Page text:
Of all the video games you’d show somebody in driver’s ed, Grand Theft Auto may not be at the top of that list. But a team at Intel Labs and Darmstadt University in Germany has found that using video games gives an unparalleled level of accuracy when identifying objects.
The team, which published its findings in this paper noticed that the game provided an accurate simulation of real-world driving scenarios. This data can be used by self-driving cars in the real world to drive around and navigate safely.
Self-driving cars use object identification data to help “learn” how to identify objects like pedestrians, lampposts and walls when driving on the street. Normally, car makers create this data from recorded video from a car’s dashboard. They go through and identify objects manually, with the system using machine learning to eventually build up a broader idea of what each object looks like.
Using Grand Theft Auto, though, the team was able to automate this process far more effectively. The team could record similar videos in-game, but was able to identify assets faster that represented those same street objects. The photorealistic virtual world means the objects identified give the system the same accurate ideas of what real-world objects will look like.
The computer is able to automatically identify objects in mere seconds, a process that normally takes nearly two hours per image with recorded video. Here is the process in action:
“With artificial environments, we can effortlessly gather precisely annotated data at a larger scale with a considerable amount of variation in lighting and climate settings,” Alireza Shafaei, a Ph.D. student at the University of British Columbia, told MIT Technology Review.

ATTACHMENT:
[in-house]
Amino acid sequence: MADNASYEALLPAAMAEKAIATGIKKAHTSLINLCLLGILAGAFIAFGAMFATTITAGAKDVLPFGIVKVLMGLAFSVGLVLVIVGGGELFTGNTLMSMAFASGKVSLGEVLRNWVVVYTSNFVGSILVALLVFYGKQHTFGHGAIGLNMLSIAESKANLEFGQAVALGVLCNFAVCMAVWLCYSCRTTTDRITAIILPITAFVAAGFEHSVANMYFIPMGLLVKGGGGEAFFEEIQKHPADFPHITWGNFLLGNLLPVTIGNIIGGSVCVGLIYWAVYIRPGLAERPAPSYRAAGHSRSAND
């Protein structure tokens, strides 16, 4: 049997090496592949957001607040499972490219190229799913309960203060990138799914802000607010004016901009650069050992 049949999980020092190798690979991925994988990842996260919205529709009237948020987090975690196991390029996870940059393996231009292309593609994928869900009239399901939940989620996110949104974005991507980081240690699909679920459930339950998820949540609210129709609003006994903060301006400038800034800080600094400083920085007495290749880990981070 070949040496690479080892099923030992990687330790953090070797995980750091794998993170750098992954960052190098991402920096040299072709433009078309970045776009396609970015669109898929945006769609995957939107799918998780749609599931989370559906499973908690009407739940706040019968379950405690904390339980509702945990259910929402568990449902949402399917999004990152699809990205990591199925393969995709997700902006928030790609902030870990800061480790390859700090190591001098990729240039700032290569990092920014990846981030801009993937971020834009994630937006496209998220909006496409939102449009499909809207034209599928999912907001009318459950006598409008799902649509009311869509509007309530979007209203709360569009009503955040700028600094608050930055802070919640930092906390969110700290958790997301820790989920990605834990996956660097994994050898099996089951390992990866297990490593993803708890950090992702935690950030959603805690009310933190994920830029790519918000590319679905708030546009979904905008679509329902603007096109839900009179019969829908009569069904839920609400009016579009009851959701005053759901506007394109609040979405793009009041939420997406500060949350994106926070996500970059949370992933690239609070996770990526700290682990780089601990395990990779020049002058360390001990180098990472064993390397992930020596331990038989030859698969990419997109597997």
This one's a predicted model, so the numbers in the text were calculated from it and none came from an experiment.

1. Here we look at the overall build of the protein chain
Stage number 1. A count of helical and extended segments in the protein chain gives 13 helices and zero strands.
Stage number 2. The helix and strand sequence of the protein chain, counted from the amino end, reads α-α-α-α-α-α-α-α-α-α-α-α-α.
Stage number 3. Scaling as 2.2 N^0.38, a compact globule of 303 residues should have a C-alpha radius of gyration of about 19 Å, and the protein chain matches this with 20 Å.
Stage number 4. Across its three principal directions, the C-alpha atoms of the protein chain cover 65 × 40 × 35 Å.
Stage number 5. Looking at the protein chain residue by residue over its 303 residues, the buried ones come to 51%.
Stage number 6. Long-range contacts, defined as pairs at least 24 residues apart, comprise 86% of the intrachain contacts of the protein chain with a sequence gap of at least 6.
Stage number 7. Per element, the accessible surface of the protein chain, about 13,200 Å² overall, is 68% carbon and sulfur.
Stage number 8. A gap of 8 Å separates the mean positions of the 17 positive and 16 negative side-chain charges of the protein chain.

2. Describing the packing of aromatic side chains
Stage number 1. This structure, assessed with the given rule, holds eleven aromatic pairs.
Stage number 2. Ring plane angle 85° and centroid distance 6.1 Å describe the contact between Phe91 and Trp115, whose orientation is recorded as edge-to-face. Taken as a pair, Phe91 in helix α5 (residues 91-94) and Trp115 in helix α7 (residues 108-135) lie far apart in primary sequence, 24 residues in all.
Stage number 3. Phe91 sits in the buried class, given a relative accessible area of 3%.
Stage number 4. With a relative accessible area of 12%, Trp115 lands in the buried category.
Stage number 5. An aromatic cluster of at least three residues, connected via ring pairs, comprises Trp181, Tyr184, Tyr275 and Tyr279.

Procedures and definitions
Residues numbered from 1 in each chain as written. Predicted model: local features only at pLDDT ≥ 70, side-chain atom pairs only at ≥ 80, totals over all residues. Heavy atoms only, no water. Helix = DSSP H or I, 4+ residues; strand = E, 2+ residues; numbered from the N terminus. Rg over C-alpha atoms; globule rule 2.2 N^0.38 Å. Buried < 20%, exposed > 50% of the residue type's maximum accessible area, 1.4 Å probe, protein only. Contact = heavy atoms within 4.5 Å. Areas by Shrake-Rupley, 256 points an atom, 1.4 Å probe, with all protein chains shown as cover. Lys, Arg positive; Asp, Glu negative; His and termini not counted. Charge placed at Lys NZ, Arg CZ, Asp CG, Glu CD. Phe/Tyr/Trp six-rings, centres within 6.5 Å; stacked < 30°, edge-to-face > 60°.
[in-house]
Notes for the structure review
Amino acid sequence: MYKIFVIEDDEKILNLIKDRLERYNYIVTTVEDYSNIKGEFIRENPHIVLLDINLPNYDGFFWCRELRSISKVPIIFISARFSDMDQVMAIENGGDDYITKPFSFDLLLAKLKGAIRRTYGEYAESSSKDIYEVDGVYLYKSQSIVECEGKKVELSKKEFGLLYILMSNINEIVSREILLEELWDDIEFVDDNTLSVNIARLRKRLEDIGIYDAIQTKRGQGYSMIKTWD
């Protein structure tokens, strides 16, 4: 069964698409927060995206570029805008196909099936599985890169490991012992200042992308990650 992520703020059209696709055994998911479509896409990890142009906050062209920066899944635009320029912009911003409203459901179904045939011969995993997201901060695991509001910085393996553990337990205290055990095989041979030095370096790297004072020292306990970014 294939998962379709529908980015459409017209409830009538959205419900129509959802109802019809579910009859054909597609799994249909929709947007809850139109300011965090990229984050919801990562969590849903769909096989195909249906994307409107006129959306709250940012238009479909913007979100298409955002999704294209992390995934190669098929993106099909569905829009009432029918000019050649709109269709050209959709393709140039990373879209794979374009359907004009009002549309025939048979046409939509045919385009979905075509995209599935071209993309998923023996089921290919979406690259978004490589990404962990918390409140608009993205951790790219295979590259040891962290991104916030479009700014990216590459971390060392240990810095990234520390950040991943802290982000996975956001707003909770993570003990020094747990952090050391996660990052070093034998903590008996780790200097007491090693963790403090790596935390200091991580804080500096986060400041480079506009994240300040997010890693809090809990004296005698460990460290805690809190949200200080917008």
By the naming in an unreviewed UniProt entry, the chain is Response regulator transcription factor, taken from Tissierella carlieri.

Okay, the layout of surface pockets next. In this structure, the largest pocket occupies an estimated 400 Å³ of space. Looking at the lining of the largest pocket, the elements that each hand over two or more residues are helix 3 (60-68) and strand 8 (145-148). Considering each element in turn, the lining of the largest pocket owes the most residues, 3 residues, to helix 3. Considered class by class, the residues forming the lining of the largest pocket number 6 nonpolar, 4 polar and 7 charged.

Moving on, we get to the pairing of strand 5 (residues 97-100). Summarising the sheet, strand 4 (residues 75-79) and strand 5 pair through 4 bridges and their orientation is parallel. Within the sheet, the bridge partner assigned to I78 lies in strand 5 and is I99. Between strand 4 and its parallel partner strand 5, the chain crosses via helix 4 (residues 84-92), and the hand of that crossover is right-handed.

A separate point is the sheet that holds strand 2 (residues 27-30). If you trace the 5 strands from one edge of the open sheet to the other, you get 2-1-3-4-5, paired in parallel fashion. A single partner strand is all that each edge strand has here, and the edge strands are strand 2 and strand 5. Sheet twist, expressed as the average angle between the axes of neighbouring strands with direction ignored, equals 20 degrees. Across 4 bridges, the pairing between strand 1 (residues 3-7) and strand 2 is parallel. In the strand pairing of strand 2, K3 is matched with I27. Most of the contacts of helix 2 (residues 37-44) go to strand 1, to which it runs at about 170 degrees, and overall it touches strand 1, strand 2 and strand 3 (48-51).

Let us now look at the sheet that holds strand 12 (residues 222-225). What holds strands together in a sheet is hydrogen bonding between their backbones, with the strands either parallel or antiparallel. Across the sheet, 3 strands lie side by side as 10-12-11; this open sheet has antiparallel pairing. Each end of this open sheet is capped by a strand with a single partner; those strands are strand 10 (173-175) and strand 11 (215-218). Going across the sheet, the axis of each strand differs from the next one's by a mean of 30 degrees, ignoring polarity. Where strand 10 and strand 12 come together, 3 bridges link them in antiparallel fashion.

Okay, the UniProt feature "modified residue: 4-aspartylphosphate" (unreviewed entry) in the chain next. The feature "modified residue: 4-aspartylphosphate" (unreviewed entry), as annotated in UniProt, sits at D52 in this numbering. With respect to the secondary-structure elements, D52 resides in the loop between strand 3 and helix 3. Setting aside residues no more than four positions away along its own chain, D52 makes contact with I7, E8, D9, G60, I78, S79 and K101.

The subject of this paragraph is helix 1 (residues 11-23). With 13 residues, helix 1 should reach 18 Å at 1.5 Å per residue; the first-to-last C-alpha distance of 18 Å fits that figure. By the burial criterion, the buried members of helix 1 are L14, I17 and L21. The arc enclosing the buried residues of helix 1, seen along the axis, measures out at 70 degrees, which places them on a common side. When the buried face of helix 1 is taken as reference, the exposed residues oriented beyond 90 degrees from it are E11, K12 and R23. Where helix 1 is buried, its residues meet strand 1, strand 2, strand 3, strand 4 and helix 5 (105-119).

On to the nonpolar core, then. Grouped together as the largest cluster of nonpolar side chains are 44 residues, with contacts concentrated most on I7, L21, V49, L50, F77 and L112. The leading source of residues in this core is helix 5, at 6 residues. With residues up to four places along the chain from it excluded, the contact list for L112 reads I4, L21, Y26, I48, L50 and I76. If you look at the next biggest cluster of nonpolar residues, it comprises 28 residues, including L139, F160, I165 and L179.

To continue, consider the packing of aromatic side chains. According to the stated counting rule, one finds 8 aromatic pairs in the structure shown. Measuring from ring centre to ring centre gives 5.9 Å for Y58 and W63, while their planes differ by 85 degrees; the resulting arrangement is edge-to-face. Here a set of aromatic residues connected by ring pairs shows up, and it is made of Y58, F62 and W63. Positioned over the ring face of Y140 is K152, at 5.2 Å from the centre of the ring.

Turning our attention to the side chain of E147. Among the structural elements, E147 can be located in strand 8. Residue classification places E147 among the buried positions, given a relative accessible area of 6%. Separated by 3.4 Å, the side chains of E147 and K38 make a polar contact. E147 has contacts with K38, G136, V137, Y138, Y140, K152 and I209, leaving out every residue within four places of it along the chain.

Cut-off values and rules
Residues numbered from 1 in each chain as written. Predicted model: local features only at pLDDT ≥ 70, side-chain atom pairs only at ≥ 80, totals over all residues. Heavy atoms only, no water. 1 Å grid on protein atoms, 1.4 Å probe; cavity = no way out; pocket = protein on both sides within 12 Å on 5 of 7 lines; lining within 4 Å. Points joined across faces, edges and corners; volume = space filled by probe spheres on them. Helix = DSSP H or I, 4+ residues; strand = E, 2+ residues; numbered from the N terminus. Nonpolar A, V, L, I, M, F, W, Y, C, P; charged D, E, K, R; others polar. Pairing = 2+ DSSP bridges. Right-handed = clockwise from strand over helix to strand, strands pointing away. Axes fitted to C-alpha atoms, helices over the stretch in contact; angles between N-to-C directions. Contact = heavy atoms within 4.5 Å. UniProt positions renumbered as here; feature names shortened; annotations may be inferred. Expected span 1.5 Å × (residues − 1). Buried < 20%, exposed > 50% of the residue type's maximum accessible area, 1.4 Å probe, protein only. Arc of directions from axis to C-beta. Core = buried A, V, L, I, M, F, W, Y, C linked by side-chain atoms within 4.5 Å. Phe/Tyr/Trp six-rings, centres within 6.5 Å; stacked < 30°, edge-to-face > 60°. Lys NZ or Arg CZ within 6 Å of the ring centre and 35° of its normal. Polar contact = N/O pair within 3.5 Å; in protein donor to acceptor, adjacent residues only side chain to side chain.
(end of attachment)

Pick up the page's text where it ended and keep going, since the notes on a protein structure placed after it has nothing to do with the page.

Shafaei published his research in a paper that details how video games can train computers to help see the world. “We showed that this synthetic data is almost as good, or sometimes even better, than using real data for training,” he said.
Self-driving cars use a large amount of data, and techniques like these will be vital to keep on top of things. AT&T has begun trialing a new 5G cellular network, designed with self-driving cars in mind, that can prioritize mission-critical data to avoid driverless cars suffering from latency. All this data comes at a cost, though, as researchers have warned that cars could be susceptible to hacking. Driverless vehicles are opening up new possibilities for big data sets, but the question of how to handle it all will be the top priority.